“I knew almost immediately that we were meant for each other,” says Slafter. “We had almost everything in common and loved working together.” Barbara worked alongside her husband mowing, trimming, answering the phone and doing the books until their first child, Landen, was born three and a half years ago followed by Andrew a year and a half later. She still works in the office part time, but helping in the field is left to employees.


“I know it appears that business is going smoothly and everything is great,” Barbara emphasizes. “Almost every story I read in trade magazines paints a pretty picture of a growing company. Well, it’s hard work. You have employee issues, customer issues, money issues, and many nights questioning if we even know what we’re doing. But we’ve put our hope and trust in the Lord, and we are pressing on. Because of this we are beginning to see the benefits outweighing the challenges.”

For this couple, among the benefits is the satisfaction they get from working together to grow a business. Then there’s the business model. “The big positive about the residential market is that you work for the people who hire you,” says Slafter. “You can develop a relationship with them and get to know how they want their property maintained. In other words, they develop a comfort level with you, and some even become good friends. The commercial market is different. Property managers come and go and it’s mostly all about the bottom line. If someone can do a job for 10 percent less than you, then you will likely lose the account.”

Residential job security, however, comes at a high cost. It takes several properties and a lot of windshield time for Slafter to build up sales volume. Scheduling alone can create a headache. Just as an example, spring aerations can take hundreds of phone calls and multiple hours to schedule each crew’s weekly route.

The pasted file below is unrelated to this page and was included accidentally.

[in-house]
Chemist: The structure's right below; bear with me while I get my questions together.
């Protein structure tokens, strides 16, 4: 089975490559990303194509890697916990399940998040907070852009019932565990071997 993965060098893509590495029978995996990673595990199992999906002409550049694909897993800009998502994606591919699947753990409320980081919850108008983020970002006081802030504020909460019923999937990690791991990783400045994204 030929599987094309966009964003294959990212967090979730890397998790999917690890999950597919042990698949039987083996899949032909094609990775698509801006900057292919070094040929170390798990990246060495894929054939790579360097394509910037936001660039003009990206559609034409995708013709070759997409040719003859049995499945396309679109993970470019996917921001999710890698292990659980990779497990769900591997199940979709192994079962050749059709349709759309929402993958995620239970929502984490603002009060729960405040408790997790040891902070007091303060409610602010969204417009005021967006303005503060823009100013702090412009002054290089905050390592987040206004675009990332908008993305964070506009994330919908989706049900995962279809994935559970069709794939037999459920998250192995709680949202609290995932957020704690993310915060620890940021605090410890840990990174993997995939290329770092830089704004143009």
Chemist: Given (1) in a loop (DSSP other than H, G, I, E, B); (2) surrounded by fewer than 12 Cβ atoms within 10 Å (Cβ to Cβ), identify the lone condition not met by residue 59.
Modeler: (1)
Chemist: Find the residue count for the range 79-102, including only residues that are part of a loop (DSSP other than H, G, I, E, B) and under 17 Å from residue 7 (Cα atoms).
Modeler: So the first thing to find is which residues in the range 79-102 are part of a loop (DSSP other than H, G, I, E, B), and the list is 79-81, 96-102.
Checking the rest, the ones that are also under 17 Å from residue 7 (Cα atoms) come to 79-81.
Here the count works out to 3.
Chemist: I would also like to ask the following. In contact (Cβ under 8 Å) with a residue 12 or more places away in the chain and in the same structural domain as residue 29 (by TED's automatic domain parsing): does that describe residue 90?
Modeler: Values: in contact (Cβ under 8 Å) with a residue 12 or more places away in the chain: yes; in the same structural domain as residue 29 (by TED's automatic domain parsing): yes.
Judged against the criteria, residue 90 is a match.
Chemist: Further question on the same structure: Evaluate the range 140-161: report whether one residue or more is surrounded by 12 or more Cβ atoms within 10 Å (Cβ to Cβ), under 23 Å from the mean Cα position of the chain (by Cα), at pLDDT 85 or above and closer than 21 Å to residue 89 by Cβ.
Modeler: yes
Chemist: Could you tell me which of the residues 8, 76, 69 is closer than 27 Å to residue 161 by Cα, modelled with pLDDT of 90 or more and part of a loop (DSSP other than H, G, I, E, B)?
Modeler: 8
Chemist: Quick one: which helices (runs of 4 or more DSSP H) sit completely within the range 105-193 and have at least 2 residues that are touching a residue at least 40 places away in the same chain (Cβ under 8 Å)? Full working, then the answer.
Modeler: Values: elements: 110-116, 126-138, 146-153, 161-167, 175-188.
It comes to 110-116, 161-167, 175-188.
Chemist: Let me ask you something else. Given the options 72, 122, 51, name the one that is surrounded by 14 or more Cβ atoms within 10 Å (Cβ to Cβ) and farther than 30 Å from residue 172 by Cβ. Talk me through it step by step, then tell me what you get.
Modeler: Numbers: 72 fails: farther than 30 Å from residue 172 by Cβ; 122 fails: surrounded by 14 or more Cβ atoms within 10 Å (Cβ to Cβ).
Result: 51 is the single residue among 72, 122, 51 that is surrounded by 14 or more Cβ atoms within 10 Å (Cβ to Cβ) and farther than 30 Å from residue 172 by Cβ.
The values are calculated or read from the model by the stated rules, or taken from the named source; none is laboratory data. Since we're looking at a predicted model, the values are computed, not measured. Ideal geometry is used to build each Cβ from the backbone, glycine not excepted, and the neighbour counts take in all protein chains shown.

Properties are different, too. Creating video profiles of all properties that can be easily loaded onto a crew leader’s mobile tablet has helped crews maintain consistency. The videos illustrate any unique property characteristics or property owner requests, i.e. what should and shouldn’t be trimmed. The video library will be especially helpful for new crew members and relieve the owner of having to explain property nuances several times over.

Tentative growth

Don’t look for Slafter Mowing to become a mega company. Instead, finding that size where the owners can relax a bit and spend more time working on, and not in, their business would be ideal. They’re working on it. As the business has grown and the office responsibilities have increased, the owners recently hired a full-time secretary, Pam Huster, to help run day-to-day operations in the office.


“I was even hesitant to start a second mow crew because I didn’t know how to deal with employees and was afraid of losing contact with customers,” Slafter admits. “But after three years of mowing with multiple crews and business growing over 30 percent per year, I haven’t regretted the decision. And those employees we were so afraid to hire have become some of our best friends.”

Are the above moves small decisions? Yes, in some ways they are, just as buying that first commercial-quality mower and string trimmer didn’t seem all that significant to Slafter. But small decisions, especially when they are the right ones, add up and can make a big difference over time.”